Partnerships, the key to unlocking tariff reforms in small urban utilities?
Sustainable Development Goal (SDG) 6 gives us 15 years to achieve universal access to water for all. This is a goal more ambitious than any target made during the Millennium Development Goals or any other previous development era. While the argument for further investment in infrastructure is an easy one to make, continued investment alone will not translate into better sustained services without appropriate institutions to manage and maintain them. A key question for achieving equitable access to drinking water is what will such an institution look like? and how will it interact with, and be held accountable to, the people it is intended to serve?
While there is increasing focus on the need for pro-poor services within slum areas of large cities, many middle-income countries such as Indonesia also have a number of smaller cities and towns that are creating a growing demand for services. For a large part these small cities and towns continue to make do with under-performing utilities; many of which are struggling to keep up with urban expansion in formal and informal areas.
This raises the question of how small a utility is too small? In Indonesia an emerging rule of thumb is that utilities of less than 10,000 connections typically struggle to generate sufficient revenue to maintain a workforce that can respond to the range of demands that face a water utility. The minimum set of skills required can include technical teams to maintain and repair piped networks, water quality staff, financial teams, customer services divisions, and planning and management teams.
Water utilities in Indonesia
Indonesian utilities have the capacity to negotiate for tariffs to cover operational costs. In practice however, local utilities have lacked the skills to carefully negotiate and justify why local executives and elected representatives should support increased tariffs. Traditional forms of external support to these utilities has tended to focus on supporting technical operations; supporting investment in infrastructure and piped networks. This approach has failed to unlock sustained improvement in services.
Rather than continue to pump resources into the operational side of under-performing utilities, the Indonesian government has opted to take a step back and look at the broader environment in which utilities currently operate.
The decentralisation of water services has resulted in many utilities inheriting insufficient and decaying infrastructure. These utilities have failed to communicate the range of challenges they face and explain their limited capacity to address them. Without a clear understanding of the challenges facing small utilities, customers remain dissatisfied and voice their discontent to their locally elected representatives, who logically block any requests for tariff reforms from a utility who is consistently under-performing. As one customer reported “why would I pay for a higher unit cost of water when it is mostly air that comes out of my tap.”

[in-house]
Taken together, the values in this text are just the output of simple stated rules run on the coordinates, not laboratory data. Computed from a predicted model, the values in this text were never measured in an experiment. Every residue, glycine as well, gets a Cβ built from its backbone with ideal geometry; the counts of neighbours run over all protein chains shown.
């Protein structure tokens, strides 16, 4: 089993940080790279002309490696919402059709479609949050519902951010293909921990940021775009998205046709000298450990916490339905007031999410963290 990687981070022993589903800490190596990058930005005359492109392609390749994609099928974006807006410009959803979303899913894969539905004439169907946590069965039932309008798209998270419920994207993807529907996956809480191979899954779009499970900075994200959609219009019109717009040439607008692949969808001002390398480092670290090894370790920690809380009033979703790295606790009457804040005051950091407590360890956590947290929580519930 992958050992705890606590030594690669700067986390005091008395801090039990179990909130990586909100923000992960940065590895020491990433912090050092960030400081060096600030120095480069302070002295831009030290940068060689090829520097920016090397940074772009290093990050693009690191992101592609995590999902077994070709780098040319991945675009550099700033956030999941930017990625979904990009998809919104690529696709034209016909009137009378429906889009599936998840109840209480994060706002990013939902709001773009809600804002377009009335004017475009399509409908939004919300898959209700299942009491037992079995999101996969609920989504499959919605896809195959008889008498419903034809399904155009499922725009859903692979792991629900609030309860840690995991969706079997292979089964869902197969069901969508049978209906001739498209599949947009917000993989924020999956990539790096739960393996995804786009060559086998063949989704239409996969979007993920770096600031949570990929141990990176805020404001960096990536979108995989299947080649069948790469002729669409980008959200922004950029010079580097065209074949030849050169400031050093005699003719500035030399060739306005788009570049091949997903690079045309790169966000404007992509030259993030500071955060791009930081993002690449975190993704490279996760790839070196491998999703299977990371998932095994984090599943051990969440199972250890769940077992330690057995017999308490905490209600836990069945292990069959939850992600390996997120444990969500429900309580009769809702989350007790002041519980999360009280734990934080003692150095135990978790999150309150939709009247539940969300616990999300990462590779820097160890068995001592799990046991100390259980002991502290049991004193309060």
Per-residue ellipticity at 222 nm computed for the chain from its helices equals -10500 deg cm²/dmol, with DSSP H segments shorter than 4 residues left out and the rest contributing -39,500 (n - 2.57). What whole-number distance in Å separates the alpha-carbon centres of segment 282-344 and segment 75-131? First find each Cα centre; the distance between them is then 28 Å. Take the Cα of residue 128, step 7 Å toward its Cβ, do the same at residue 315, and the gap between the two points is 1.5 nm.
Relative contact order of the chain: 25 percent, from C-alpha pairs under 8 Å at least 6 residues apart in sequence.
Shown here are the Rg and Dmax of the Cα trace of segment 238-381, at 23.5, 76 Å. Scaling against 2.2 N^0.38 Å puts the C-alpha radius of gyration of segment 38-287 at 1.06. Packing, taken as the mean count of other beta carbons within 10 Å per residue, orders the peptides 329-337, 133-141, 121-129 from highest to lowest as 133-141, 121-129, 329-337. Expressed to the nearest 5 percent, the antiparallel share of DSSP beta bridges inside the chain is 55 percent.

Using social contracts to improve delivery
With support from the Indonesian Infrastructure Initiative, the Indonesian government has taken a bold step to focus on building trust between partners in the hope that this will lead to a better understanding of the challenges facing local utilities. The aim is to create a supportive environment where utilities have an improved platform from which to negotiate for tariff reforms, if they in turn can demonstrate small but consistence service delivery improvements. This process is encapsulated in a social contract, which uses a three-stage process (initiation, formalising expectations, and implementing commitments) to build trust, deliberate, and identify and commit to actions towards a set goal; in this case improved service delivery.
Partnership, trust, and accountability are buzz words that are considered essential elements of the universal and integrated nature of the SDGs. They are also terms that are often lost when the focus shifts to debates on the economic pricing of water. Social contracts in Indonesia are an emerging example of how a partnership process can be used to place trust at the center of water pricing. This trust creates stronger accountability between the ‘golden triangle’ of urban water actors: the utility, the customers and the local government.
A vision for achieving universal access to water
In piloting social contracts, building trust and accountability has been dependent on external ‘honest brokers’ responsible for seeding the process and facilitating key steps. Pak Nugroho Tri Utomo, BAPPENAS Director for Housing and Settlement believed that the “benefits from a social contract process will only be harvested when the process has become ‘auto run’, and when local stakeholders can hold each other to account and there is little need for external facilitation in the process.” If social contracts can provide a framework for local accountability, and unlock improvements in service delivery, then they are likely to be a significant tool that contributes to achieving universal access to water in Indonesia, and possibly beyond.
Read the IWC review on social contracts in Indonesia
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